E-commerce is changing approaches to sustainability in the United States—especially in the supply chain, where companies are investing in electrification, efficiency, and eco-friendly materials, according to research from express delivery and logistics firm DHL, released June 3.
Researchers say the rapid growth of e-commerce is yielding immediate opportunities to reduce emissions in the supply chain while also challenging retailers, logistics companies, and policy-makers to collaborate on ways to address environmental issues. The DHL/Morning Consult survey of U.S. consumers was conducted in May, and findings were released in a white paper titled “ECO-mmerce: How online retail can build the sustainable supply chain of tomorrow.”
More than half of respondents (54%) said their online shopping habits increased during the Covid-19 pandemic, and the majority (60%) said they are willing to pay more for environmentally friendly products and services. What’s more, 54% said they put more trust in a company based on its public commitments to environmental sustainability, listing carbon emissions, green energy, waste, alternative fuels, and sustainable packaging as the five most important factors in helping the environment.
Researchers said the survey results reflect the influential role supply chain sustainability will play in the competitiveness of e-commerce businesses in the future.
“E-commerce is fundamentally reshaping our customers’ supply chains, challenging them to redesign their transportation and warehousing networks in order to accommodate customer demand across multiple channels, address changes in trade and inventory flows, and be more responsive to the market,” Kraig Foreman, president of eCommerce, DHL Supply Chain North America, said in a statement announcing the release of the white paper. “At the same time, [we] see this as a historic opportunity to build more sustainable supply chains from the bottom up, by reengineering processes with efficiency and emissions reductions in mind, taking advantage of new, greener technologies at all stages of the order cycle, and exploring innovative ideas in areas such as packaging and the circular economy.”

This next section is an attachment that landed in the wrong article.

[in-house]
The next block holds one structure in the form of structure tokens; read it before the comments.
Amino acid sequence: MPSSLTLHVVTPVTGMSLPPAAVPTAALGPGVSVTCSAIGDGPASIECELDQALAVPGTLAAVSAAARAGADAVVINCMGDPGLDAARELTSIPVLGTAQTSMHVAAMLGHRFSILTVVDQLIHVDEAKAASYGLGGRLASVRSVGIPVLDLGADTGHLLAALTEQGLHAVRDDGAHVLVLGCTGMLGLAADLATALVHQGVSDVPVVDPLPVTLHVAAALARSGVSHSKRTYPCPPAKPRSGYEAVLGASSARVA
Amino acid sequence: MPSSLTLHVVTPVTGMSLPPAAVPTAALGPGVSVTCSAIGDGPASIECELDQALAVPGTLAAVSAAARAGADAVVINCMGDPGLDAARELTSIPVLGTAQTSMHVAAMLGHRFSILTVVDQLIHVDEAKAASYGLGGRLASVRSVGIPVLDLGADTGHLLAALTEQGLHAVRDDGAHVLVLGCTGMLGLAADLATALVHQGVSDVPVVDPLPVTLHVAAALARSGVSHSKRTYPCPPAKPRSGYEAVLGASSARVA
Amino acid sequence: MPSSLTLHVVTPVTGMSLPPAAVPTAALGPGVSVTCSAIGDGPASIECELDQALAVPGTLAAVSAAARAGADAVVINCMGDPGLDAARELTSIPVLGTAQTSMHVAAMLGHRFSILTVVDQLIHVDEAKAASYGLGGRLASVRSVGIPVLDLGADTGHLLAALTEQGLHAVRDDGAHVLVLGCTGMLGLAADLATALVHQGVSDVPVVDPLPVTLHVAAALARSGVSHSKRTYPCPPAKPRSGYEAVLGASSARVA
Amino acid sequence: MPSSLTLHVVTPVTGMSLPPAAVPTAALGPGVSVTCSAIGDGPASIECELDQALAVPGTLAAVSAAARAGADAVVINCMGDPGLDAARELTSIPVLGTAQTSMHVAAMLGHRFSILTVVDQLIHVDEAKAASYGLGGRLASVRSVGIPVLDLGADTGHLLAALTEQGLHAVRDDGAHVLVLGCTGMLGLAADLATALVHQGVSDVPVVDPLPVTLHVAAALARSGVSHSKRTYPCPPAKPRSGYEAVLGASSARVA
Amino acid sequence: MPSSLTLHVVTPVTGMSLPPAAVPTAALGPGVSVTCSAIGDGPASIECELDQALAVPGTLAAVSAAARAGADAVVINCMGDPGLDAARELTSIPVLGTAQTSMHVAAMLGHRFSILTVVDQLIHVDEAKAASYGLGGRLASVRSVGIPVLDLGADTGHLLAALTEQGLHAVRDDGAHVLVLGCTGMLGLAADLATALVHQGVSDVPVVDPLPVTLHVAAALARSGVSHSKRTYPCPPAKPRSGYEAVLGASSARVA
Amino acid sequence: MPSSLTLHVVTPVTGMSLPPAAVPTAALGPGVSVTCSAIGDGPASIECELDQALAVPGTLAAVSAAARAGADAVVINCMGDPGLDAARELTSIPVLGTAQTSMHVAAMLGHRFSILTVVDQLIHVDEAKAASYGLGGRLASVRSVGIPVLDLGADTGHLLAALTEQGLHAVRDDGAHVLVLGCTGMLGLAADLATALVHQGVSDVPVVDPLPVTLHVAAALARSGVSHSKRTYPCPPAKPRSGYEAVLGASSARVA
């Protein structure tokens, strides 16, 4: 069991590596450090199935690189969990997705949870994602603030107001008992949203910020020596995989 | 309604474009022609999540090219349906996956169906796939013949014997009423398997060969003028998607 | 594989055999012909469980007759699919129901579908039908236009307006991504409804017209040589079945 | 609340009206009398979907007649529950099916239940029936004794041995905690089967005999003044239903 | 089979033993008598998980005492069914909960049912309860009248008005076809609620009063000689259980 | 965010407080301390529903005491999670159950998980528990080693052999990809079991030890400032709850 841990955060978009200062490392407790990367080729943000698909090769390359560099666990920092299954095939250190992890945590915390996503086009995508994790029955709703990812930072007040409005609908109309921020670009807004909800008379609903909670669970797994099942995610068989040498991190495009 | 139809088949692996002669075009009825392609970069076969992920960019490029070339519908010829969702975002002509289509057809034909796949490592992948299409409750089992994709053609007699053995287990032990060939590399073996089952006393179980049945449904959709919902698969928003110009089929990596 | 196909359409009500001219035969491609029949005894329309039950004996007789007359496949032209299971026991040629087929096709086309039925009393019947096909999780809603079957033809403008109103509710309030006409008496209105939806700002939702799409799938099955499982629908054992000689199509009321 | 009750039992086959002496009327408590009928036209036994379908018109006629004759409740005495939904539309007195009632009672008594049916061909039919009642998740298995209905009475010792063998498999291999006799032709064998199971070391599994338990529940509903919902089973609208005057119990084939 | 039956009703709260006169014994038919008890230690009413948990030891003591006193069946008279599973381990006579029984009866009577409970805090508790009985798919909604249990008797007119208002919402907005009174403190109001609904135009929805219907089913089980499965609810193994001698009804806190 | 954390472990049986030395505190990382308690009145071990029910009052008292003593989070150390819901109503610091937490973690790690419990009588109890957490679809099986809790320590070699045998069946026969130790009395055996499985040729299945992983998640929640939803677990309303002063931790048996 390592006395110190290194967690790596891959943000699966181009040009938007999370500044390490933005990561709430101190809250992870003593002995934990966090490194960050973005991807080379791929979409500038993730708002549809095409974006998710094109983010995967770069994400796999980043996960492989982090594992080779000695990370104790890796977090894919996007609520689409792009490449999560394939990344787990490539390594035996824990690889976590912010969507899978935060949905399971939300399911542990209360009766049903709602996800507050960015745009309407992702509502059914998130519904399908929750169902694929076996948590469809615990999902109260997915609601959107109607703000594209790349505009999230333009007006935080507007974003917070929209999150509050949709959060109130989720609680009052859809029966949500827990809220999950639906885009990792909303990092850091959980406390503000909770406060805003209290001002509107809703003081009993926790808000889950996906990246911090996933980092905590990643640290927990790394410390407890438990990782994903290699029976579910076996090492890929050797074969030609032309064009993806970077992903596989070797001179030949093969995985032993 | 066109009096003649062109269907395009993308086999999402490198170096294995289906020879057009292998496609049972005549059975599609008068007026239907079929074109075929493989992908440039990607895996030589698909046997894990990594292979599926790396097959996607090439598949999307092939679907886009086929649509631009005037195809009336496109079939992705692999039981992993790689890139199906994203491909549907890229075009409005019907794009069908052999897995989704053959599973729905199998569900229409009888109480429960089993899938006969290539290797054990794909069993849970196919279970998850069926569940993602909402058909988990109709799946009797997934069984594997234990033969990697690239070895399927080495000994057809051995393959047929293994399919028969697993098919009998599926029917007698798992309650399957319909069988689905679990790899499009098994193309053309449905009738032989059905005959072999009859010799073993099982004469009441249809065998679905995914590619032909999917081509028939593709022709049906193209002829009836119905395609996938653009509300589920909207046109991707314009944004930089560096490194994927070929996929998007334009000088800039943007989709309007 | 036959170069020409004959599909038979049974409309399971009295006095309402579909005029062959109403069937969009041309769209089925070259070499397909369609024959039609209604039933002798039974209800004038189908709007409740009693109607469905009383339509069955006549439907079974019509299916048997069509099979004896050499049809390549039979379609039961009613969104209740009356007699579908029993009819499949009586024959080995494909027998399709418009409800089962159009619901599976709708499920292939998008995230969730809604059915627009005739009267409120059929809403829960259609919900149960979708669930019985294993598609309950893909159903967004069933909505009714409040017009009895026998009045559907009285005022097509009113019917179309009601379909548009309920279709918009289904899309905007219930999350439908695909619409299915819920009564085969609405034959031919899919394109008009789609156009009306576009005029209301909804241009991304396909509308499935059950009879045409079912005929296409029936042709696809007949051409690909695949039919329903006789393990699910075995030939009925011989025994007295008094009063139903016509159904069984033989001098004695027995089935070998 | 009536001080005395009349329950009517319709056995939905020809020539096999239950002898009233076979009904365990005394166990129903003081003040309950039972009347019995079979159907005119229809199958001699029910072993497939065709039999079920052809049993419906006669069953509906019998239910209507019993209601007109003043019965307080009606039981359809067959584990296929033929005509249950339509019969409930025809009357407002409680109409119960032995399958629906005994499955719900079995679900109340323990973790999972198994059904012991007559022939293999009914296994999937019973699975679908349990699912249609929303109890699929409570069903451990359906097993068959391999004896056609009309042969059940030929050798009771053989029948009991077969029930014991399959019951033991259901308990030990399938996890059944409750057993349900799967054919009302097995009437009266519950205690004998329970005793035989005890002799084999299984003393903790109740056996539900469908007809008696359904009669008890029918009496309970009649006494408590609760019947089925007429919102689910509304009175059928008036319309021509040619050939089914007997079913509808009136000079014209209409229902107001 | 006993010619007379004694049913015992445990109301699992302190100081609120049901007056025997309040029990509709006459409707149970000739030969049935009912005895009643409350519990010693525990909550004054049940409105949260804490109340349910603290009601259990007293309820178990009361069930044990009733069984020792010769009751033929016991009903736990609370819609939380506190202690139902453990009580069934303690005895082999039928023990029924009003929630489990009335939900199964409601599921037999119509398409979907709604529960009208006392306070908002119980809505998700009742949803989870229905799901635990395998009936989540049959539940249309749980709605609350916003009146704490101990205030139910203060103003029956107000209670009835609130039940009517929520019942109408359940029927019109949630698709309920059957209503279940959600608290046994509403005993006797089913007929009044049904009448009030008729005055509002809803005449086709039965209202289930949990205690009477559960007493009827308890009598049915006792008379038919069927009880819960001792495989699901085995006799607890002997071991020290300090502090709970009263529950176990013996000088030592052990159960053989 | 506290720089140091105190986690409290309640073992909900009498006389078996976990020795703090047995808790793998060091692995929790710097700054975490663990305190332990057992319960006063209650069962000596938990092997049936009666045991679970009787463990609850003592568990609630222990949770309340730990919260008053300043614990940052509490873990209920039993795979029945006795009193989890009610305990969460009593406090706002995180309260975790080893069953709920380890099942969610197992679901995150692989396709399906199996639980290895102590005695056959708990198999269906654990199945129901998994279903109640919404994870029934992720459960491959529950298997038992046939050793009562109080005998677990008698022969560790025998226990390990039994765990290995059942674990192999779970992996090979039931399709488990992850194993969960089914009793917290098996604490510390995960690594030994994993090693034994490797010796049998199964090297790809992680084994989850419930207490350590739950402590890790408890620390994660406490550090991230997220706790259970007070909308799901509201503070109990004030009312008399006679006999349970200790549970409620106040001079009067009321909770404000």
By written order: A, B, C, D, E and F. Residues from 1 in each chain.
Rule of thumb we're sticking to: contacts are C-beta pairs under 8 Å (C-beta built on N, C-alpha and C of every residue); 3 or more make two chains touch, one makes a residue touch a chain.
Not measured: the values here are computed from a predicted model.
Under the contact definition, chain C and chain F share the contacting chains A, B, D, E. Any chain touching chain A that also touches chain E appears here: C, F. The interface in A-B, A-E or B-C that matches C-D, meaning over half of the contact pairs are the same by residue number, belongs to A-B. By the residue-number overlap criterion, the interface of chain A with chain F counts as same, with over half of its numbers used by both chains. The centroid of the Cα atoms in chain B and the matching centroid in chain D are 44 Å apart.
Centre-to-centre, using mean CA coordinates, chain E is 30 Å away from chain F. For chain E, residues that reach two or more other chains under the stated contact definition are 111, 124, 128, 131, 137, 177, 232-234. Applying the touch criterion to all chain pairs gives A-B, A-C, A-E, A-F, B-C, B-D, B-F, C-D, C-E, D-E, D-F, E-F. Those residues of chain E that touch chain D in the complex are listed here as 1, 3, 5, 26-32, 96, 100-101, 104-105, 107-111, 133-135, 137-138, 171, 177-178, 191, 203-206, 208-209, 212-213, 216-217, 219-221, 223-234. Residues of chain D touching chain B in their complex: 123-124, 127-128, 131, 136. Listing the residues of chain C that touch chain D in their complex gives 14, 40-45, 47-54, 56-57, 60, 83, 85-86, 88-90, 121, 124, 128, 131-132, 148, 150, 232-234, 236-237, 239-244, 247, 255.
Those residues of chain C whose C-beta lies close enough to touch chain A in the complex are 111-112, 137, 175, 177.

The white paper examined five segments of the e-commerce supply chain researchers said are most exposed from a sustainability perspective: the last mile, the first and mid-mile, warehousing, packaging, and returns. Results revealed three areas that are likely to have the greatest potential impact on those segments: cleaner energy, via more electrification of transportation fleets and warehousing operations; increased efficiency, supported by data and technology; and eco-friendly materials, particularly in packaging.
“E-commerce is already having a net positive impact on the environment compared to traditional retail in a number of areas, such as replacing multiple passenger car trips with single round trips with delivery vans, and accelerating investments in greener transport and warehousing technologies,” according to the report. “In other areas, the potentially negative impact of some trends, such as a proliferation of smaller warehouses closer to customers, is being offset by other effects such as the optimization of retail networks and the introduction of greener energy supplies and automated equipment.”
The white paper follows DHL’s updated commitment to sustainability, announced in March. The company’s new “sustainability roadmap” reiterates its goal to achieve net zero transport-related emissions by 2050 and outlines goals in several areas, including: an approximately $8.5 billion investment in green solutions; expansion of its fleet of electric vehicles to 80,000 worldwide; and plans to increase the share of sustainable fuels used in its long-haul transportation by 2030.
The white paper was produced with the support of FINN Partners’ Global Supply Chain, Logistics & Transportation Practice, and incorporates insights from executives of DHL’s express, supply chain, and e-commerce business units in the United States.